The Republic of Turkey rose from the ashes of the Ottoman Empire after its defeat in the First World War. After the War of Liberation was won under the able leadership of Mustafa Kemal Atatürk, the Republic was declared in October 1923. The Republic has since been successfully progressing in its level of contemporary civilization.
Antalya also benefitted from the developments made in this period, including the areas of education, healthcare, land/air/sea transportation, and urban development, all of which are essential for a city’s material progress and the wellbeing of its citizens.
Thanks to advances made in areas such as health, engineering, architecture, roads, communications, and fine arts, Turkey is steadily progressing towards the level of contemporary civilization as stipulated by Atatürk.
During the Republican era, methods developed in the field of agriculture, improved seed types and resourceful irrigation systems throughout the water-rich lands of Pamphylia have increased productivity. This has had a positive impact on the welfare of the region and increased the share of Antalya in the national economy.
Dams constructed for irrigation purposes have been built on rivers with high flow rates in the province of Antalya. Large-scale hydroelectric dams were also built and have an important share in the electricity production of Turkey.
The Oymapınar Dam, built north of the Side Tourism Region on the Manavgat River (Ancient Melas), is among Turkey’s most important investments in hydroelectric energy. Behind the dam wall, the enormous Oymapınar Dam Lake is formed in the deep valleys and canyons of the Taurus Mountains. It attracts a large number of tourists for its water sports as well as for its stunning views and relaxation opportunities.
From the 19th century onwards, Western travellers, followed by architects, painters and archaeology enthusiasts started to explore and identify areas mentioned in the Bible. These travels led to the emergence of archaeology, which today is one of the most important catalysts for tourism.
Even a passing look at history books or a short excursion to the region, allows people to understand the proper place of Anatolia in world history.
In the Republican era, all the material and spiritual wealth created by the Anatolian peoples of civilisations of the past thousands of years have been accepted as an integral part of the national identity. Excavations have brought to light the remnants of many civilisations in Anatolia, rightfully earning it the distinction of an “open air museum.” Initially, the excavations were carried out by Western archaeologists, but with the improvement in archaeology training in Turkey they have been increasingly carried out by Turkish archaeologists. Antalya has become one of the most important locations for archaeological and historical research. Archaeological tourism is a vital and unique component of tourism in the region.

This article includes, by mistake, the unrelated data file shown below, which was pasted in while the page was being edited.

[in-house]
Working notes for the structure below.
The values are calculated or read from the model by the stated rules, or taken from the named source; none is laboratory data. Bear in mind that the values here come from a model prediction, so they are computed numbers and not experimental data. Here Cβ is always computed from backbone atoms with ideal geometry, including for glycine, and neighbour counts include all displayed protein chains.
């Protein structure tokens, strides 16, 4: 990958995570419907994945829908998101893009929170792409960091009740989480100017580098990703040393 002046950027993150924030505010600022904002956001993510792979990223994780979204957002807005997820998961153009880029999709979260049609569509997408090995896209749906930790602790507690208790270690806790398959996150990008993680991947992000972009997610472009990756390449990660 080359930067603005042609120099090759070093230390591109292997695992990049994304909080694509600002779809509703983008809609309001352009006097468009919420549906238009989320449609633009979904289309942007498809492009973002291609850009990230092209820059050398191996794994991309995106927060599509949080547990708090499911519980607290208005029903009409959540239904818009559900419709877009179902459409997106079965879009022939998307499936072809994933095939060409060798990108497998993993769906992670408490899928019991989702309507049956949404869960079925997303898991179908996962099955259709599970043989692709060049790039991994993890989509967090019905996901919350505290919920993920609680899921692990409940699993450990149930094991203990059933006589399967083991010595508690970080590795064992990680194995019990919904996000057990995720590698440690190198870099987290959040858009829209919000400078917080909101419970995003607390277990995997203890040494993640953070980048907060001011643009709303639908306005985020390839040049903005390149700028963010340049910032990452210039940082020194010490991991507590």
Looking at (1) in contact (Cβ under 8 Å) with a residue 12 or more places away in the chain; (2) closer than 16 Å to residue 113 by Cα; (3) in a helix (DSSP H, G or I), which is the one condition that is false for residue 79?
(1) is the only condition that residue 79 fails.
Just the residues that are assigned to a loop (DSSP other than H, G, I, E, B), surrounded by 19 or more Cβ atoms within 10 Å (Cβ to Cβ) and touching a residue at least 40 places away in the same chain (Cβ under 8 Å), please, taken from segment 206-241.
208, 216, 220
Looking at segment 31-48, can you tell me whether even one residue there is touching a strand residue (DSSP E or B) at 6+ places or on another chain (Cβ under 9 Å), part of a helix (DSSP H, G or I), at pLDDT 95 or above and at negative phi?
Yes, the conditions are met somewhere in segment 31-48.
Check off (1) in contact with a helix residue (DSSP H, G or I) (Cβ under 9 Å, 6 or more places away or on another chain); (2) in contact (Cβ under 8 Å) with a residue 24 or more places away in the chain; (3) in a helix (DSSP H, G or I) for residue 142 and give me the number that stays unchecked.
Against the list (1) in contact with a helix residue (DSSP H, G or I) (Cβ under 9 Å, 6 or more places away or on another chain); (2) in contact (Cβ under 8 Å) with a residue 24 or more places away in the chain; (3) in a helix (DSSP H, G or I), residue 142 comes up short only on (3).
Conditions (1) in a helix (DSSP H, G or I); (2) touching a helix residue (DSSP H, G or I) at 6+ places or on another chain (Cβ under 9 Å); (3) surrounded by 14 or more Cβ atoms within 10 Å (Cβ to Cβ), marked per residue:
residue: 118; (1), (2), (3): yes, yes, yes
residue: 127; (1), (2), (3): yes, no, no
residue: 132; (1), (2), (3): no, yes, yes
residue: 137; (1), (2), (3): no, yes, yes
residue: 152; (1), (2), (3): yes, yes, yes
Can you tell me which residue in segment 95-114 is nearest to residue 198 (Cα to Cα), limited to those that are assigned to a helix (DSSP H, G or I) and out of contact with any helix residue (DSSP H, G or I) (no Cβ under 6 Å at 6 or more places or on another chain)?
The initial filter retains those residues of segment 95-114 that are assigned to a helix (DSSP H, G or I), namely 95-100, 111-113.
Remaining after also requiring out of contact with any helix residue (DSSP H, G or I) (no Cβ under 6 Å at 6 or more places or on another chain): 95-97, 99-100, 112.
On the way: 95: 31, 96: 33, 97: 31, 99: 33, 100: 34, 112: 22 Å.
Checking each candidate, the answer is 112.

Inhabitants of the region created numerous buildings and artefacts over thousands of years, which were gradually lost in time. Religious buildings such as temples and churches and civilian buildings such as agoras, baths, theatres, stadia, fountains and city gates are today being unearthed and restored. Some of these restored buildings are now available for public use and in particular for tourism.
Antalya welcomes more than ten million tourists every year with its award winning airport. Its modern harbour caters to an increasing number of cruise ships each year. It possesses a well-developed transportation network which connects the whole region. In this way, Antalya is connected to Isparta, Burdur and Afyon, which lie in the same manufacturing and geographical basin and to Pamukkale and Cappadocia further afield, which are among the worlds most visited historical and touristic sites.
The founder of the Republic of Turkey, Atatürk, visited Antalya during the days of the War of Liberation. On his visit he told local officials that ancient artefacts must be safeguarded so that they would not fall into the hands of the enemy. He also urged that a museum be established to protect the artefacts found in the region. This begun the process which led to the establishment of the Museum of Antalya, considered among the best in the world today.
On a visit to the region in the first years of the Republic, Atatürk visited Aspendos Theatre, advised the local officials to clean up the theatre and suggested that it should be used for cultural events, which was its main intended purpose in history. Due largely to this suggestion, Aspendos Theatre has been reverted to its original function and today hosts the world-renowned annual Aspendos Opera and Ballet Festival organised by the Turkish Ministry of Culture and Tourism.
Antalya, whose journey towards civilisation started from the Karain Cave, has successfully utilised its wealth created by agriculture, animal husbandry, trade and shipping, by transforming it into architectural marvels and urban development throughout history. The pace of development has considerably accelerated during the Republican Period, promising Antalya even a brighter future.